sad that the weekend is coming to an end. but i feel completely inspired by the poets i was around this weekend. first, the uc berkeley reading on thursday. i loved how collaborative the event felt–so many different folks from various groups coming together to make the event happen: the kundiman poets, pawa, achiote press, asian american studies, asian pacific american working group & all the individuals who showed up early to help set up.
the reading itself was awesome! such a talented mix with such eclectic energies. i also loved that they all spoke about how much kundiman meant to them and how much they wanted to give back to the organization–thru fundraiser readings, thru spreading the word. one of my favorite stories was from Debbie Yee, who mentioned that one of poems she wrote on the way to kundiman–like at the airport or something–would eventually be chosen for the Best American Poetry 2009 anthology!
the emcee for the reading–and the main organizer of the reading–was the amazing & talented kundiman fellow Margaret Rhee (who’s a poet, activist, filmmaker, and scholar in the ethnic studies department as well). she also co-edited the achiote press fundraiser anthology, which will be announced here very, very soon.
i want to mention Margaret here also because she is presenting a paper at the ADVANCING FEMINIST POETICS and ACTIVISM conference in NEW YORK CITY this week. so all of you who are going to the conference should check her out and say hello. here’s the info:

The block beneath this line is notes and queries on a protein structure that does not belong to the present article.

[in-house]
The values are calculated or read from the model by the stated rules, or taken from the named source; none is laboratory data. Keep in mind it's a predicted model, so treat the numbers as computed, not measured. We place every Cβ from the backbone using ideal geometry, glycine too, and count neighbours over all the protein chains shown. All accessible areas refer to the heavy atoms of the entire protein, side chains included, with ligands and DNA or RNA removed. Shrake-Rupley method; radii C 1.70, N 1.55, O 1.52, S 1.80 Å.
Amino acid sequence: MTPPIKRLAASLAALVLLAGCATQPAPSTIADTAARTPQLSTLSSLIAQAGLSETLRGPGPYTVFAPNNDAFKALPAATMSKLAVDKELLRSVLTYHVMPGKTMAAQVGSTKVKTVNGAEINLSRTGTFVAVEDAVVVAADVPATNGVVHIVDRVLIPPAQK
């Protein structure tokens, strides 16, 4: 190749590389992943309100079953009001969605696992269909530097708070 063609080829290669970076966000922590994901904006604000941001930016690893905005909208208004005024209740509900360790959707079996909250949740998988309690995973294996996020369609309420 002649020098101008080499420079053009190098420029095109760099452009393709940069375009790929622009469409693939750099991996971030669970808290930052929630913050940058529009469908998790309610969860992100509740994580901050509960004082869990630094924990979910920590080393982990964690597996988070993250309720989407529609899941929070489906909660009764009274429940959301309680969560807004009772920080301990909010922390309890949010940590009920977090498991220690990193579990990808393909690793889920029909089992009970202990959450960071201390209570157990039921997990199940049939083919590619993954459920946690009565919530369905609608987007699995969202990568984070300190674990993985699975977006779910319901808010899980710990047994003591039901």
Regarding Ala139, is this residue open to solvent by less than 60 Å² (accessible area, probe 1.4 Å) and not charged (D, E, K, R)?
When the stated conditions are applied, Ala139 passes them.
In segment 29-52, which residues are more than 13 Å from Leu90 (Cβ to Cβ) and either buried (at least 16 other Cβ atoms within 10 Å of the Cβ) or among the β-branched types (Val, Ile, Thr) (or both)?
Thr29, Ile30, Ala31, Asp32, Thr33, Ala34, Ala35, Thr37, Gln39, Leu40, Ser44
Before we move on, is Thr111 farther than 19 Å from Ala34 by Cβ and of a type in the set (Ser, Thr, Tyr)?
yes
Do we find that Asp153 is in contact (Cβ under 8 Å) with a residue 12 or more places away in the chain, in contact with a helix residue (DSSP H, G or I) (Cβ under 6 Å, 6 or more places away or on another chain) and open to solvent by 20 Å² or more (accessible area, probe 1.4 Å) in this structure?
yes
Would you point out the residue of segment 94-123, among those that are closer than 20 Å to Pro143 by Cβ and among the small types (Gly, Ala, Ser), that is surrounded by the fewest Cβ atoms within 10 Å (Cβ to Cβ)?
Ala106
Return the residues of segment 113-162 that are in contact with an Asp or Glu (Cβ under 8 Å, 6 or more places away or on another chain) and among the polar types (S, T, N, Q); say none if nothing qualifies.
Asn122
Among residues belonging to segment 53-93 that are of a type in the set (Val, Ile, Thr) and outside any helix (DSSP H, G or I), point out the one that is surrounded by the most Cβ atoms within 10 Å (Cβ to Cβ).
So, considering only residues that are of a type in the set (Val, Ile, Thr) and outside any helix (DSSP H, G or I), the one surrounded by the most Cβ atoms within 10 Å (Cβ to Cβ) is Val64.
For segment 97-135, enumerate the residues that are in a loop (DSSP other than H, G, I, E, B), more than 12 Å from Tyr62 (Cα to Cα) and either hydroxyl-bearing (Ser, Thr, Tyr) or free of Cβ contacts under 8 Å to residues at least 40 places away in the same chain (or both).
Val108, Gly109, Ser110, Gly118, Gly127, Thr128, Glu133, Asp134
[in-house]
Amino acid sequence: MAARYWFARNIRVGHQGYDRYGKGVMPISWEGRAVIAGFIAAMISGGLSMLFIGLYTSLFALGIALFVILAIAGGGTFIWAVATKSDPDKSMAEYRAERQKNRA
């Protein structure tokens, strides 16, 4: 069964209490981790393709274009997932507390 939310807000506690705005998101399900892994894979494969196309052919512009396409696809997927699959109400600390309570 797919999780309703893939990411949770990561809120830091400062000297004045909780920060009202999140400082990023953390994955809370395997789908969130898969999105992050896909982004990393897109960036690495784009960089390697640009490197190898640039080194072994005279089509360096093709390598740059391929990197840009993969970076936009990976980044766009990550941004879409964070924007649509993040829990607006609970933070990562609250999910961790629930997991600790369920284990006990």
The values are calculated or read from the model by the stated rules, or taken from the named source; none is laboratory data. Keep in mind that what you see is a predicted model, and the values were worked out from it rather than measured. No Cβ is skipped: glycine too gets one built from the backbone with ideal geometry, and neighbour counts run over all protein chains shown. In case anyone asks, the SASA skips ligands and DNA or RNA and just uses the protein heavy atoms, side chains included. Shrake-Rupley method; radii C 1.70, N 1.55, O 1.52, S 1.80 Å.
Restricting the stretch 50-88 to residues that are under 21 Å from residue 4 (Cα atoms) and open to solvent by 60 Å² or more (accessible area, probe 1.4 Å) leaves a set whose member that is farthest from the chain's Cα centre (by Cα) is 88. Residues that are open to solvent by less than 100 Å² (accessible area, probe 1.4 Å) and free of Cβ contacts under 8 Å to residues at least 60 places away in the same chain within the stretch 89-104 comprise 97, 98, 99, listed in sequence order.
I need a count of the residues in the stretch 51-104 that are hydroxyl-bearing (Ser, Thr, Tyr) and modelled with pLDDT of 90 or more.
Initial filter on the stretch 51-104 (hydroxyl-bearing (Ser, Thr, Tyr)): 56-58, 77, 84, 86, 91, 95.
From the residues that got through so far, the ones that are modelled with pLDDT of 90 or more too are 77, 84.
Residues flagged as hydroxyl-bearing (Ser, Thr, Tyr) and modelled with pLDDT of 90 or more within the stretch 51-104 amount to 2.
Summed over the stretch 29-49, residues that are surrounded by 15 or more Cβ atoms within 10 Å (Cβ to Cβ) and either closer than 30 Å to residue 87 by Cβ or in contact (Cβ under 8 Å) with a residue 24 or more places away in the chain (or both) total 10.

Room 4 [Panel 10]:
Disrupting the Page: Hybridity and Asian American Poetics
Chair: Tamiko Beyer
Panelists: Cythia Arrieu-King, Ching-In Chen, Sarah Gambito, Sohan Patel, Margaret Rhee
Description: This roundtable discussion by a group of emerging APIA women poets/critics/performers will open up discussion about how hybridities in current APIA poetry resist the notion of a homogenous feminist and APIA poetry and community. Speakers will address a range of contemporary formal and social concerns: mapping, the cyber avatar, queer, experimental and lyric poetry, “deterriorialized” writing, Theresa Hak Kyung Cha’s video poems, traditional Japanese zuihitsu. The goal is to provide a collaborative space in which to investigate the avant-garde poetic strategies of APIA women who write for social justice and against inequalities.
on saturday, i actually missed the pawa reading cuz i had car trouble (car is still in shop). but, i did make it to the afterparty at Debbie’s house in san francisco. she & her husband made delicious roasted chicken and there was lots of wine! many other west coast kundiman fellows were there too (tho i didnt catch everyone’s names). and barbara jane & oscar were there too! was a pleasure to be able to chat more with ching-in chen & joseph legaspi–tho i didnt get to talk with oliver de la paz as much.
anyhoo, so much inspiration & so much community.